8 things to know about driving in France this summer

Black weekends – as with all countries, France has certain weekends when the roads are likely to be especially busy. These generally coincide with school holidays, public holidays and opportunities to ‘faire le pont‘ – as well as the traditional ‘crossover’ weekend when the July travellers return and the August travellers set out.

There is a helpful traffic forecasting website called Bison futéfind it here – which publishes a calendar of days that are likely to be especially busy on the roads. Avoid red and black days if possible.

Fuel prices

It seems likely that fuel prices will remain high around Europe this summer, and France is no exception despite the government fuel rebate of 18 cents per litre.

The government publishes an interactive map of fuel stations and the prices they charge, so if possible you can plan your journey to fill up in the cheapest area.

MAP Where to find the cheapest fuel in France

Crit’Air stickers – if you plan on driving into or through a city, check whether a Crit’Air sticker is required for your vehicle. Initially the province of the big cities, more and more towns now require these. 

The sticker gives your vehicle a rating based on the emissions is produces, vehicles that get the highest ratings of 3, 4 or 5 are banned outright from some cities, while other cities limit their movement in days when air pollution is particularly bad.

The sticker costs less than €5 but must be ordered online in advance of your trip – here’s how.

Yellow vest – yellow vests in France are not just for demonstrators, they form part of the kit that you are legally obliged to have in your car. A red warning triangle and a high-vis yellow jacket must be carried with you at all times, although it is no longer compulsory to carry a breathalyser.

If you’re coming from the UK your UK driving licence is enough – there is no need for an International Driver’s Permit – but check that your insurance covers trips to France. Insurance ‘green cards’ are not required. 

Péages – if you’re driving on autoroutes you will likely need to pay, as most sections of the French highway are covered by tolls. When driving you will see warning signs that the péage (toll booth) is coming up and that is your signal to get your money ready.

The cost varies depending on which road you are on and how far you drive.

Usually you take a ticket at the first toll booth and then when you exit that section of road you drive through another station where you pay. The pay stations take either cash or debit cards – some but not all allow contactless card payments – and as you approach the pay station you will see signs with either a coin or a card on them, to ensure you’re in the right lane for your payment type.

Naturally the pay stations are on the left of the vehicle. If you’re driving a right-hand drive car and don’t have a passenger this can be a little awkward, so there is an option to buy a pre-paid radar device – known as télépéage – that allows you to drive straight through the péage.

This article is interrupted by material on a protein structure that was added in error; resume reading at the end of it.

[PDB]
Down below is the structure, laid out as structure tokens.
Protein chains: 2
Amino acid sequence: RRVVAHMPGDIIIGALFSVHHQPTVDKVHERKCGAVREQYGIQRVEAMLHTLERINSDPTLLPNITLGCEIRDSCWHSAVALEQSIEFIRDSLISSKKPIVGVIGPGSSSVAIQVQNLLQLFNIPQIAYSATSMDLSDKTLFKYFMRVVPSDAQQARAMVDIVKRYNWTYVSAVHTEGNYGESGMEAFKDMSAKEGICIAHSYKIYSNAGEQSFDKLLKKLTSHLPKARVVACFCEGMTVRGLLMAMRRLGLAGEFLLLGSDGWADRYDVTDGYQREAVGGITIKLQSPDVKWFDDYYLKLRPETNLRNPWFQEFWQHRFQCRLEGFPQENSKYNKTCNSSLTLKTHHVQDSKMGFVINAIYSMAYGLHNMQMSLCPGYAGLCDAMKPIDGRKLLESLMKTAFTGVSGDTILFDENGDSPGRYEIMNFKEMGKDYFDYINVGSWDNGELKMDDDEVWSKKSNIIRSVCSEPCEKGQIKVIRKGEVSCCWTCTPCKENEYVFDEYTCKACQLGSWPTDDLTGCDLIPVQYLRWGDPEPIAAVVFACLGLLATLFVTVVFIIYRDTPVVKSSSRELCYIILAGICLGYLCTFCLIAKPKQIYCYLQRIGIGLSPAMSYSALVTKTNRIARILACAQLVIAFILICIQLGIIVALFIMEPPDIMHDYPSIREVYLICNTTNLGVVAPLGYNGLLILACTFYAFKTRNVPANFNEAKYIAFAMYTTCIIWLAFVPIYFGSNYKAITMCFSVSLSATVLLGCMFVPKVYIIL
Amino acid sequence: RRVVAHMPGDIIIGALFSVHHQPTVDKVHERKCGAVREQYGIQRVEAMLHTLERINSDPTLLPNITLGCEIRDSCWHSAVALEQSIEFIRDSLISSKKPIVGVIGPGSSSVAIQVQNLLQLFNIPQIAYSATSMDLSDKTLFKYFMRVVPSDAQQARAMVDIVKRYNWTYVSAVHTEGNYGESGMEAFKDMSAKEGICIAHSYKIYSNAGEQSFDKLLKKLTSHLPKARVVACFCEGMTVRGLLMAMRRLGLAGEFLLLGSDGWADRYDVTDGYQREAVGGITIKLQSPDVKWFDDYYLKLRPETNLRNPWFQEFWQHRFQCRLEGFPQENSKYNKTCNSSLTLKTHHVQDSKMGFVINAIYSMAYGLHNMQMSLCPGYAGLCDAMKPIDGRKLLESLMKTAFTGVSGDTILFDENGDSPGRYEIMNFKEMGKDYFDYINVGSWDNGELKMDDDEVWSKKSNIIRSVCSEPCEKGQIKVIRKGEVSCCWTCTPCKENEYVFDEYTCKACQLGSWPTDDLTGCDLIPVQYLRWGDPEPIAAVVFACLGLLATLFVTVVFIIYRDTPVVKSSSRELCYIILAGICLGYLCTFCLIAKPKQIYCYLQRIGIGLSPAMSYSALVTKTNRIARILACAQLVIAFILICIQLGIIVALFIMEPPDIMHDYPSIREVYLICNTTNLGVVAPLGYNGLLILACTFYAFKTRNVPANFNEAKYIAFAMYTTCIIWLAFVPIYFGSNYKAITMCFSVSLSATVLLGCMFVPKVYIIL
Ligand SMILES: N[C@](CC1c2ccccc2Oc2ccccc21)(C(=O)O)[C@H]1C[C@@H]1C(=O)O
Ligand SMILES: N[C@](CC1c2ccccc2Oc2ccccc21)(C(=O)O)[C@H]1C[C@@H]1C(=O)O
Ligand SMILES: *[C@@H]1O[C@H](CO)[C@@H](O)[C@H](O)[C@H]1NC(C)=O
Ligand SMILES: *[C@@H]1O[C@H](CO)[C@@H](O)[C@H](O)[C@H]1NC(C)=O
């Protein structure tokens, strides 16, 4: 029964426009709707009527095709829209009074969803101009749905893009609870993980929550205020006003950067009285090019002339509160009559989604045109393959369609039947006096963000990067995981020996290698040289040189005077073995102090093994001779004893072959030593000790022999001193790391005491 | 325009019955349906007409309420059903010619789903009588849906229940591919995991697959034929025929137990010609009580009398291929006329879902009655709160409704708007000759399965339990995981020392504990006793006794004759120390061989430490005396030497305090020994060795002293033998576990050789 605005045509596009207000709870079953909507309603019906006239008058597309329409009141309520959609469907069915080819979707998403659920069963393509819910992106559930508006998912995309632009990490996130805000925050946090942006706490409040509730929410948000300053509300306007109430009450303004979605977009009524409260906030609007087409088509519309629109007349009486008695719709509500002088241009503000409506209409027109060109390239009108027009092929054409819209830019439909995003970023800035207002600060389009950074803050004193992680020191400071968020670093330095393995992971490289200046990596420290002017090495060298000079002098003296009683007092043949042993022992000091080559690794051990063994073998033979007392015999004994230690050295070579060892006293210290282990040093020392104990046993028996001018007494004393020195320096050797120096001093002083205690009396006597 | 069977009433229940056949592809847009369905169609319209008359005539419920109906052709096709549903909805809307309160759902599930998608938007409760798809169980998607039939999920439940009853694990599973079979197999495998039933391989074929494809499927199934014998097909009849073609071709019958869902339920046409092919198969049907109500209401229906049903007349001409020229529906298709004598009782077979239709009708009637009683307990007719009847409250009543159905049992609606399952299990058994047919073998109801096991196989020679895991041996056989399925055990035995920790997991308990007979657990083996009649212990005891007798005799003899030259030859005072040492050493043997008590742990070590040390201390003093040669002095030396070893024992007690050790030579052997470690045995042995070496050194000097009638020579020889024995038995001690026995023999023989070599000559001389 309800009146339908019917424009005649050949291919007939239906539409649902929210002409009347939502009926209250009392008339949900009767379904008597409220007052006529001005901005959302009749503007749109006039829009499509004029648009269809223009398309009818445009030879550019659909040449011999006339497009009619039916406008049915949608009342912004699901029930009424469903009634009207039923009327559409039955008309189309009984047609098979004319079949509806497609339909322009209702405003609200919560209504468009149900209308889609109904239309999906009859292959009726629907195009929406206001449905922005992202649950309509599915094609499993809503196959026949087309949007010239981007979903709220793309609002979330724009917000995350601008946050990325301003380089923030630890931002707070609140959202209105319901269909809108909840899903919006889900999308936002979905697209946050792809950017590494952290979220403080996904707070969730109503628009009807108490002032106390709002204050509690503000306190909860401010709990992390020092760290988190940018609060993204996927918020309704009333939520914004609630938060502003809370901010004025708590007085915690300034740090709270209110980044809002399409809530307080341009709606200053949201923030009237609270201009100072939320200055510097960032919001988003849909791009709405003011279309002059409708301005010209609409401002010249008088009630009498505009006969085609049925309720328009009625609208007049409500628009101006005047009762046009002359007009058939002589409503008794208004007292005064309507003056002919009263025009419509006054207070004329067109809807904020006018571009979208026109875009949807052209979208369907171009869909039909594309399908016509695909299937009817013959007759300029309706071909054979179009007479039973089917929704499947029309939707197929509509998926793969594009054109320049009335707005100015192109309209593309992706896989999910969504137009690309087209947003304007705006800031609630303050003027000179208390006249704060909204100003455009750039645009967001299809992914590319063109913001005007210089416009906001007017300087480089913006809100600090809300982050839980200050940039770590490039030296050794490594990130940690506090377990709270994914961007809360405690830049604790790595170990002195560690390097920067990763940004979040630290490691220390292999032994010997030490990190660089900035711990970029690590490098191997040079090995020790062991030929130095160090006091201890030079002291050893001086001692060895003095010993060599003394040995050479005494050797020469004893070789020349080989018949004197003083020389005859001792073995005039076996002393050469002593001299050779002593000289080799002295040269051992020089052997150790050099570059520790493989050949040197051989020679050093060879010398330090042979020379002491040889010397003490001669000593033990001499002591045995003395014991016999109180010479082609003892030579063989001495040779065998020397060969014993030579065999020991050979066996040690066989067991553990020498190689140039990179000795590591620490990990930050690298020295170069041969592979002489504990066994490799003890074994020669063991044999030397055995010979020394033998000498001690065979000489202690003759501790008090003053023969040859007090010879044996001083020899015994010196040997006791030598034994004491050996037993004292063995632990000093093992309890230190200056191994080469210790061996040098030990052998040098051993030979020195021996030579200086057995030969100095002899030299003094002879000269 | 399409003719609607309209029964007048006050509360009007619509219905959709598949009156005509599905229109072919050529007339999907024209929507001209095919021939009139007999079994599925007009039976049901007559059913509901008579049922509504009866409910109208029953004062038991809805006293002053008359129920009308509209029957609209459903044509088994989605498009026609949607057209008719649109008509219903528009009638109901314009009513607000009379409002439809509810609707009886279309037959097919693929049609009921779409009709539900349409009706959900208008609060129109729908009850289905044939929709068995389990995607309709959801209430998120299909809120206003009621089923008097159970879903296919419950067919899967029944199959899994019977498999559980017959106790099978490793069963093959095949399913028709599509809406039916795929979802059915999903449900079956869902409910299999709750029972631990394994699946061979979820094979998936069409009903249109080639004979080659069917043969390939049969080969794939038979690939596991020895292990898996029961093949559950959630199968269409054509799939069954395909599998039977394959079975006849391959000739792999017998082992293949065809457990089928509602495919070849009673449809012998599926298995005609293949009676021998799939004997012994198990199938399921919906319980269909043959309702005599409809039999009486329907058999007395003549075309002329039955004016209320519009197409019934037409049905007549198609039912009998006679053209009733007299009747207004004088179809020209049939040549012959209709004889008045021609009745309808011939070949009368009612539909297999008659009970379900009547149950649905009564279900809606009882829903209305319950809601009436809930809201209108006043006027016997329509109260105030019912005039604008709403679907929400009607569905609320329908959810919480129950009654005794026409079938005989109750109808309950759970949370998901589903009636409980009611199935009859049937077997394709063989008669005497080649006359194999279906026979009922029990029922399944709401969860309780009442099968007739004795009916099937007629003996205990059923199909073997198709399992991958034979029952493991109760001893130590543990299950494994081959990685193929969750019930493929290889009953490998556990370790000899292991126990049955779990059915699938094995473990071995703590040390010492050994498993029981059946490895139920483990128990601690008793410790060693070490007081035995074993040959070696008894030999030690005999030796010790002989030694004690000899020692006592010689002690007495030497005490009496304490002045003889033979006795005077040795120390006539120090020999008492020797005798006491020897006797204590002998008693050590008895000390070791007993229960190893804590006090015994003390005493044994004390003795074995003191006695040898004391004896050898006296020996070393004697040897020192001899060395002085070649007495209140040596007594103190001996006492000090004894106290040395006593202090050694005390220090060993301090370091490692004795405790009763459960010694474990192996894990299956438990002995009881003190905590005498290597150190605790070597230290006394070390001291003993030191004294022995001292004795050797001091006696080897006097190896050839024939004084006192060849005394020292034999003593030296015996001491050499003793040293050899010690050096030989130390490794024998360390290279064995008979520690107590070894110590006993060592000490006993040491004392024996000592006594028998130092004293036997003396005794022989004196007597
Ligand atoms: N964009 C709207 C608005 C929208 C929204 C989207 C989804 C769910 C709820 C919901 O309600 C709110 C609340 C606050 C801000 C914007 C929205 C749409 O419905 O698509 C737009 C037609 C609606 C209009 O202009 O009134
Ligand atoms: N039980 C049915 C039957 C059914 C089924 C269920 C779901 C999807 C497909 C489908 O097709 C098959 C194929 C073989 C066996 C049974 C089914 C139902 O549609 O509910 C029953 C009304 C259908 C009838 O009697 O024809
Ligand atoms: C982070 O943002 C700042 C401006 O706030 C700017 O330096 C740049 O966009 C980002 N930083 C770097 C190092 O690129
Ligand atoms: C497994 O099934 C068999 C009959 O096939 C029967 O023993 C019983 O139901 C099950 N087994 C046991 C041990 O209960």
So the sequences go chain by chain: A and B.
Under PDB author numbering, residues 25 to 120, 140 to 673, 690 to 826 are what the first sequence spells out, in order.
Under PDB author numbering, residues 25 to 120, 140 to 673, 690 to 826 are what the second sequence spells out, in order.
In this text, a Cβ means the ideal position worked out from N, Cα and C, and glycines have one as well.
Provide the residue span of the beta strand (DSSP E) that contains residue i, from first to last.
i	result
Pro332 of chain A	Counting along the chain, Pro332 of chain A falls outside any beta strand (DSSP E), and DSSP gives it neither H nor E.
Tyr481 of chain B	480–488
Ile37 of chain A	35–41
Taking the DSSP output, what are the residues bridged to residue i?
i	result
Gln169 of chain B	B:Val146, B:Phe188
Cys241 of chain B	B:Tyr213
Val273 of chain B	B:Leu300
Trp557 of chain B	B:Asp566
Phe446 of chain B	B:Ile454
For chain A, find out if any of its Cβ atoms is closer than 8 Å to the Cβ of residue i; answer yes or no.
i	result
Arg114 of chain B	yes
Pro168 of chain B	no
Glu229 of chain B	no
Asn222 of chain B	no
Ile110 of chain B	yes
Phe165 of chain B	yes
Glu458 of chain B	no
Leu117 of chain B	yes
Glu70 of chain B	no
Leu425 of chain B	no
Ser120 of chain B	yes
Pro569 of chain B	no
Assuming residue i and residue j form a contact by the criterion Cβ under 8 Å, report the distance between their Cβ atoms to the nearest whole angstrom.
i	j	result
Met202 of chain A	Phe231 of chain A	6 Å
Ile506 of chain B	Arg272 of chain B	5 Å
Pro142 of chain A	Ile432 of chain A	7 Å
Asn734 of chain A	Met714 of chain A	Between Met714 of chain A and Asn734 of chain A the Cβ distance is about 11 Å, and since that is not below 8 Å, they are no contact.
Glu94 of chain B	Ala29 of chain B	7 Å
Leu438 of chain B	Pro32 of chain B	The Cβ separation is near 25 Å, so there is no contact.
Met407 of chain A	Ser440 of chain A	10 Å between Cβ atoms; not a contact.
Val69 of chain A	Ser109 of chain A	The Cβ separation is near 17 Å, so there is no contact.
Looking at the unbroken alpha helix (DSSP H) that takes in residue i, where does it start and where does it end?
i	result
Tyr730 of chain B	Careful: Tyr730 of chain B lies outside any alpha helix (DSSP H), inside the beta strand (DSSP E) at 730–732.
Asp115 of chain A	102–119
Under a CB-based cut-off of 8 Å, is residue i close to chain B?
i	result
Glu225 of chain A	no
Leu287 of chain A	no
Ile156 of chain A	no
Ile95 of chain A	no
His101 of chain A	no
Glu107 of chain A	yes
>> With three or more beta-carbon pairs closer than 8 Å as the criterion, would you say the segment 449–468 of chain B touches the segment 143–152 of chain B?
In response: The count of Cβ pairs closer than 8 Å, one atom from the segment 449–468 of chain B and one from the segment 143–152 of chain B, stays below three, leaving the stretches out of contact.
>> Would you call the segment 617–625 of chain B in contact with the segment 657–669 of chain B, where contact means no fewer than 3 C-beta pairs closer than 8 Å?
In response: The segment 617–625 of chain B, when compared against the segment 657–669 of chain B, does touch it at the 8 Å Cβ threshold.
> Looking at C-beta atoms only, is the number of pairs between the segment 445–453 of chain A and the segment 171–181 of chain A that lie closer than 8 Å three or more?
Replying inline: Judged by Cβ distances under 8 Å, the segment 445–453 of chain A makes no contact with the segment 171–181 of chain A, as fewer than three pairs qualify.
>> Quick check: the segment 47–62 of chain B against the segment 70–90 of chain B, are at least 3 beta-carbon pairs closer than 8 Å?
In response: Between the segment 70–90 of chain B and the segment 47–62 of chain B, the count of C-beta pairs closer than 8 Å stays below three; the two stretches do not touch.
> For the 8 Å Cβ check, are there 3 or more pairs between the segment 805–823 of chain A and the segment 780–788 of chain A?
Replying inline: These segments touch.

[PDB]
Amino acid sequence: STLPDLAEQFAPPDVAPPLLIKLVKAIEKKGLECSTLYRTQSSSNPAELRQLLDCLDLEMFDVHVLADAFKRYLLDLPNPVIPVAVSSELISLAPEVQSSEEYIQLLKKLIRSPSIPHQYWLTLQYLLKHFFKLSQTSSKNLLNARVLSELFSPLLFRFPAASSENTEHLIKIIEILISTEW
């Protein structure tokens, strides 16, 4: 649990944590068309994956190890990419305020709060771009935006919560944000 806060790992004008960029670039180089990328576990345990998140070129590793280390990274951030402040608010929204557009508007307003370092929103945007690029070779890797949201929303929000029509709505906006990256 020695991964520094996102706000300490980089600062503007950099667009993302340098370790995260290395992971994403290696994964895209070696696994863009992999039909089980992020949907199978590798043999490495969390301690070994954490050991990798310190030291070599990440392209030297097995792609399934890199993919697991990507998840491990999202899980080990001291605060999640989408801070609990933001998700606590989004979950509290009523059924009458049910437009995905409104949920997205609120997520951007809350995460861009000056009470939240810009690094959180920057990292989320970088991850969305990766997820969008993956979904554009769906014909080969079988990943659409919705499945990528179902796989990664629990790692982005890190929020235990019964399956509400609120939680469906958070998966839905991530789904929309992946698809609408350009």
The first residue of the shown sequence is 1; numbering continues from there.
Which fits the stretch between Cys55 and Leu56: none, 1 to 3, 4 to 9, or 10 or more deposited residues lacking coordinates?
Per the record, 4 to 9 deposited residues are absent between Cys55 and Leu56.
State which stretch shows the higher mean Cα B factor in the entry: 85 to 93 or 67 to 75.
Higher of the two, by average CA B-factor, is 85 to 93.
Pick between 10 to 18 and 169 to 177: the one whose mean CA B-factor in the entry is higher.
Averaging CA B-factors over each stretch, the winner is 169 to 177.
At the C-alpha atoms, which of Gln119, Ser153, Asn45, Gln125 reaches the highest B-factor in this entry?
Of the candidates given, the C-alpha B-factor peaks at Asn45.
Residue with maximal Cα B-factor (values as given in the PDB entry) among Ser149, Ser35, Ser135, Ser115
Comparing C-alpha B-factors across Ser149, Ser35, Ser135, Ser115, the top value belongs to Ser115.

Speed limits and alcohol – obviously you will need to keep an eye out for speed limits (which are of course in km/h not mimes per hour) but if you’re on the autoroute there are two different limits – 130km/h for fine weather and 110 km/h for bad weather.

As well as police officers doing speed checks, also keep an eye out for radars (speed cameras) which sit at the side of the road and are usually grey.

If you’re in certain parts of rural France you might think that drink-driving laws don’t apply in France, since unfortunately there is still a culture of drinking and driving in some areas.

In fact, however, France has strict limits on drinking and driving and they may be lower than you are used to. If you are stopped and breathalysed you face losing your licence and saying ‘well everyone else in the café had two glasses of wine and then drove’ is not a legal defence.

READ ALSO Which countries in Europe have the strictest drink-drive laws?  

Fake police – Speaking of police, it is an unfortunate fact that every summer, some tourists fall victim to scammers who pretend to be police offices and demand cash for ‘fines’.

Real French police officers do stop drivers – either if they have been speeding or committed another driving offence or simply for a random check – but if you incur a fine you will be given a ticket that you pay later. Genuine police officers will not demand that you hand over money in cash at the roadside.

Priorité à droite – France’s most notorious road law is still in place in certain areas, but not everywhere. The priorité à droite rule (priority to the right) essentially means that you give way to the vehicle that is approaching from the right unless there are road signs or marking in place telling you to do otherwise.

In practice this means that on most major routes and in towns you simply obey the street signs, road markings and traffic lights to determine who has the priority.

It’s really more on smaller, country roads where there are no markings that priorité à droite applies, although it’s also in place on smaller roads in residential areas of cities and on Paris’ famously confusing Arc de Triomphe roundabout (although there are plans afoot to pedestrianise the area around the Arc).

You can read a full explanation of the priorité à droite rule HERE.

. . . and French drivers.

It pains us to peddle a cliché, but a lot of French drivers do live up to their international stereotype of being terrible drivers. Not all, of course, but certainly don’t assume that your fellow drivers will give way or let you join a queue of traffic. Also just because a vehicle isn’t indicating, that does not mean that it’s not just about to turn. Also, for the American readers out there – though automatic cars do exist in France, they are typically more expensive to rent and stick shifts tend to be the norm in France. 

Bonne route!